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J Sleep Res. 2009 Mar;18(1):129-35. doi: 10.1111/j.1365-2869.2008.00704.x.

Fragmentation of the rest-activity rhythm correlates with age-related cognitive deficits.

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Experimental Psychology, Helmholtz Institute, Utrecht University, Utrecht, The Netherlands.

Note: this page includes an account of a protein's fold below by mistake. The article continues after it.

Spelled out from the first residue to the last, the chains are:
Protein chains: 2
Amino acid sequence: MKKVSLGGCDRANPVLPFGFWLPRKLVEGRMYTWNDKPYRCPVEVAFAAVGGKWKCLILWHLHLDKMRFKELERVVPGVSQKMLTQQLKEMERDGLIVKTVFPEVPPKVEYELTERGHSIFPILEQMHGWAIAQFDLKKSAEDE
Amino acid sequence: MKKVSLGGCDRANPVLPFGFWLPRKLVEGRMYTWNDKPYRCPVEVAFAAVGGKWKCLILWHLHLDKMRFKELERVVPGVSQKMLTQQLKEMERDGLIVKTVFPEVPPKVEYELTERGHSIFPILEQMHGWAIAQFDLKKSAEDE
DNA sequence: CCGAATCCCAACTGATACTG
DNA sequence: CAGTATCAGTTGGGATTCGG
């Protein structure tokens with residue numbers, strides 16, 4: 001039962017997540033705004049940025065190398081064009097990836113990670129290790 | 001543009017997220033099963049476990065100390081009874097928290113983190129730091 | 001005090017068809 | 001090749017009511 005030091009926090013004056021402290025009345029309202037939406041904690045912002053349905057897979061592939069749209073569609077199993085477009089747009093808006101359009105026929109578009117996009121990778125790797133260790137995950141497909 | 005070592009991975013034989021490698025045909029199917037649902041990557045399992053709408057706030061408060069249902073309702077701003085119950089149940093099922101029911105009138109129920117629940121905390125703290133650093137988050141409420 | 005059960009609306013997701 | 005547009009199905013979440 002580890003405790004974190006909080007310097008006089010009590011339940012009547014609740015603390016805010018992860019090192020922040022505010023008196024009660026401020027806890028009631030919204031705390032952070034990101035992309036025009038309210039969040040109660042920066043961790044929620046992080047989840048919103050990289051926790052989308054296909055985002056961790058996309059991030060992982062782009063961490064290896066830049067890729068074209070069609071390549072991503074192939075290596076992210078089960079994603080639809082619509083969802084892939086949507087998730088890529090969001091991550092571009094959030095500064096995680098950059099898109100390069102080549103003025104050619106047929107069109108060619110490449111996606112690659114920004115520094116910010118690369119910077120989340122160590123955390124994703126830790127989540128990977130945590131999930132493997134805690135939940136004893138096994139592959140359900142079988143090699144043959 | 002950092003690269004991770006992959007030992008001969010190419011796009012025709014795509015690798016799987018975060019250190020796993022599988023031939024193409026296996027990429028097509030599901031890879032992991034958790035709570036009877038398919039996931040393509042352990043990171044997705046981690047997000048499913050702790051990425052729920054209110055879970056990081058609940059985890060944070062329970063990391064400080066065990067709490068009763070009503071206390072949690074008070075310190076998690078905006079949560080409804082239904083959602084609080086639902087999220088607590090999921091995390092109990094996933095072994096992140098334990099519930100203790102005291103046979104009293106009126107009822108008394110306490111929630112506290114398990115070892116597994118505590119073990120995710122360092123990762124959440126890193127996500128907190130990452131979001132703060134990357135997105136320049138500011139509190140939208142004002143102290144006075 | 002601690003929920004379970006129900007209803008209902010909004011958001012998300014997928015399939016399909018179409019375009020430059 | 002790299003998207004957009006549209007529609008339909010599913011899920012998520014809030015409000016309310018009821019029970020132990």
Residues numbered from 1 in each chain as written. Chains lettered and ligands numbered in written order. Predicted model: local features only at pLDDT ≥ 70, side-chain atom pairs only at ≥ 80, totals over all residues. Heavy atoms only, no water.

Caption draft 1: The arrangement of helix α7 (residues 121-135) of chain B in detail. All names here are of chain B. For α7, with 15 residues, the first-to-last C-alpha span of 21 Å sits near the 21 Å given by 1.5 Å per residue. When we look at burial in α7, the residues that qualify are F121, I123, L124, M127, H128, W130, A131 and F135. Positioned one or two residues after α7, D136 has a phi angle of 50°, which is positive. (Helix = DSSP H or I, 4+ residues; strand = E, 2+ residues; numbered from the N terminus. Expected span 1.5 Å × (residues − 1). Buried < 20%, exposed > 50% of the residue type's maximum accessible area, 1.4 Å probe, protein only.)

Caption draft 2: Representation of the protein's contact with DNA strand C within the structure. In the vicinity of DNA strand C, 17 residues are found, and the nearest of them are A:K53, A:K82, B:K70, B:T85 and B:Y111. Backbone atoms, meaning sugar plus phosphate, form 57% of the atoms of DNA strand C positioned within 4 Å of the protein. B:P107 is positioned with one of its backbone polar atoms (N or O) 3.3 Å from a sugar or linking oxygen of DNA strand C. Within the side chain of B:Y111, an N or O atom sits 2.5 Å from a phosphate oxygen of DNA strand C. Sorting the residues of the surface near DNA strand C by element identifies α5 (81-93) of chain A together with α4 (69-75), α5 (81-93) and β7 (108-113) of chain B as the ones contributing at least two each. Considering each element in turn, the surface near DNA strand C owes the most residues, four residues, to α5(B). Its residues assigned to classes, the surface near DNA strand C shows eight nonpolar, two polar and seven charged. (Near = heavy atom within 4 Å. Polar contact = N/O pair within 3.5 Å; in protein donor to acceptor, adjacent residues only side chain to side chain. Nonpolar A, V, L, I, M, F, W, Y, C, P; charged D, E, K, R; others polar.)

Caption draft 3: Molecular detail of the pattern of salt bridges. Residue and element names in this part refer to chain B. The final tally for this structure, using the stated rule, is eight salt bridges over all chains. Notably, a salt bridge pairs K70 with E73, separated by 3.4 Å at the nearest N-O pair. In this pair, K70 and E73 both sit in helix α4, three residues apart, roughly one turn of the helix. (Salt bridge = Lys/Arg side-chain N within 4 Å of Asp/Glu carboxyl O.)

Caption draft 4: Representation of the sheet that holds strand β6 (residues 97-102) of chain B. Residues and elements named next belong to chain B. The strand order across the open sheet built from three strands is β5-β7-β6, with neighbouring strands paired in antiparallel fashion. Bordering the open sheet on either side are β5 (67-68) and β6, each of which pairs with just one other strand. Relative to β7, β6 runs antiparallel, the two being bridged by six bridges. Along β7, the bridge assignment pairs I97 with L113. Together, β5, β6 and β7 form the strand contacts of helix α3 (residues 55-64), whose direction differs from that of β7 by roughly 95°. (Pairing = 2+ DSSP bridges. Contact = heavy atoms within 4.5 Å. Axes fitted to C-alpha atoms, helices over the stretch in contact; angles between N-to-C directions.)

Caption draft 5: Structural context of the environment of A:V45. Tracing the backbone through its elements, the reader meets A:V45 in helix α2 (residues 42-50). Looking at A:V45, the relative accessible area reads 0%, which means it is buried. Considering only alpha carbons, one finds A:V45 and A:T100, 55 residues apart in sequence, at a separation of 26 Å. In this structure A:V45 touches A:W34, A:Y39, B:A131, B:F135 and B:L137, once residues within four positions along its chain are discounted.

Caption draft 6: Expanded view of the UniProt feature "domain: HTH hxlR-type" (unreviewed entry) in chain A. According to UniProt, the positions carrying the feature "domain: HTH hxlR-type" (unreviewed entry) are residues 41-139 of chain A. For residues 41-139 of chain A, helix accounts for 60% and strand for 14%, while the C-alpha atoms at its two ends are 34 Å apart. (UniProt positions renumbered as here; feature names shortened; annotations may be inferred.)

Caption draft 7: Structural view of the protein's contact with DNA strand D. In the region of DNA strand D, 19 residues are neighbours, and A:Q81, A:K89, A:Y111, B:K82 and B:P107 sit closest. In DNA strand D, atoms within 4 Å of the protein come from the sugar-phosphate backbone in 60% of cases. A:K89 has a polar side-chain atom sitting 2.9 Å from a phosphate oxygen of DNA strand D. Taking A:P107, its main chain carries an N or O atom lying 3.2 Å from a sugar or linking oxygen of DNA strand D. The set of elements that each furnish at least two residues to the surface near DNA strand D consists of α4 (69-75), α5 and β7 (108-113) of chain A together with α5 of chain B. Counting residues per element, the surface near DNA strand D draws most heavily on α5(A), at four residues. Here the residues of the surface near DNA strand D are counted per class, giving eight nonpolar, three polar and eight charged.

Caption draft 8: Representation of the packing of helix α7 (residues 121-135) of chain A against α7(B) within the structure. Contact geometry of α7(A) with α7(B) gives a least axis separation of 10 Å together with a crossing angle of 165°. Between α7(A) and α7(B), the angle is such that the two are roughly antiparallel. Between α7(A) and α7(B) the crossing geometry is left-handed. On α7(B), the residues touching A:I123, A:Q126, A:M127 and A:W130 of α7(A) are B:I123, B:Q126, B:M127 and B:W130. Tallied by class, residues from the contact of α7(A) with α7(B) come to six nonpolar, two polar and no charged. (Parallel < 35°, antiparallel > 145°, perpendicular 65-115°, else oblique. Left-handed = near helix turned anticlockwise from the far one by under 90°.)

Aging affects both cognitive performance and the sleep-wake rhythm. The recent surge of studies that support a role of sleep for cognitive performance in healthy young adults suggests that disturbed sleep-wake rhythms may contribute to 'age-related' cognitive decline. This relationship has however not previously been extensively investigated. The present correlational study integrated a battery of standardized cognitive tests to investigate the association of mental speed, memory, and executive function with actigraphically recorded sleep-wake rhythms in 144 home-dwelling elderly participants aged 69.5 +/- 8.5 (mean +/- SD). Multiple regression analyses showed that the partial correlations of the fragmentation of the sleep-wake rhythm with each of the three cognitive domains (r = -0.16, -0.19, and -0.16 respectively) were significant. These associations were independent from main effects of age, implying that a unique relationship between the rest-activity rhythm and cognitive performance is present in elderly people.

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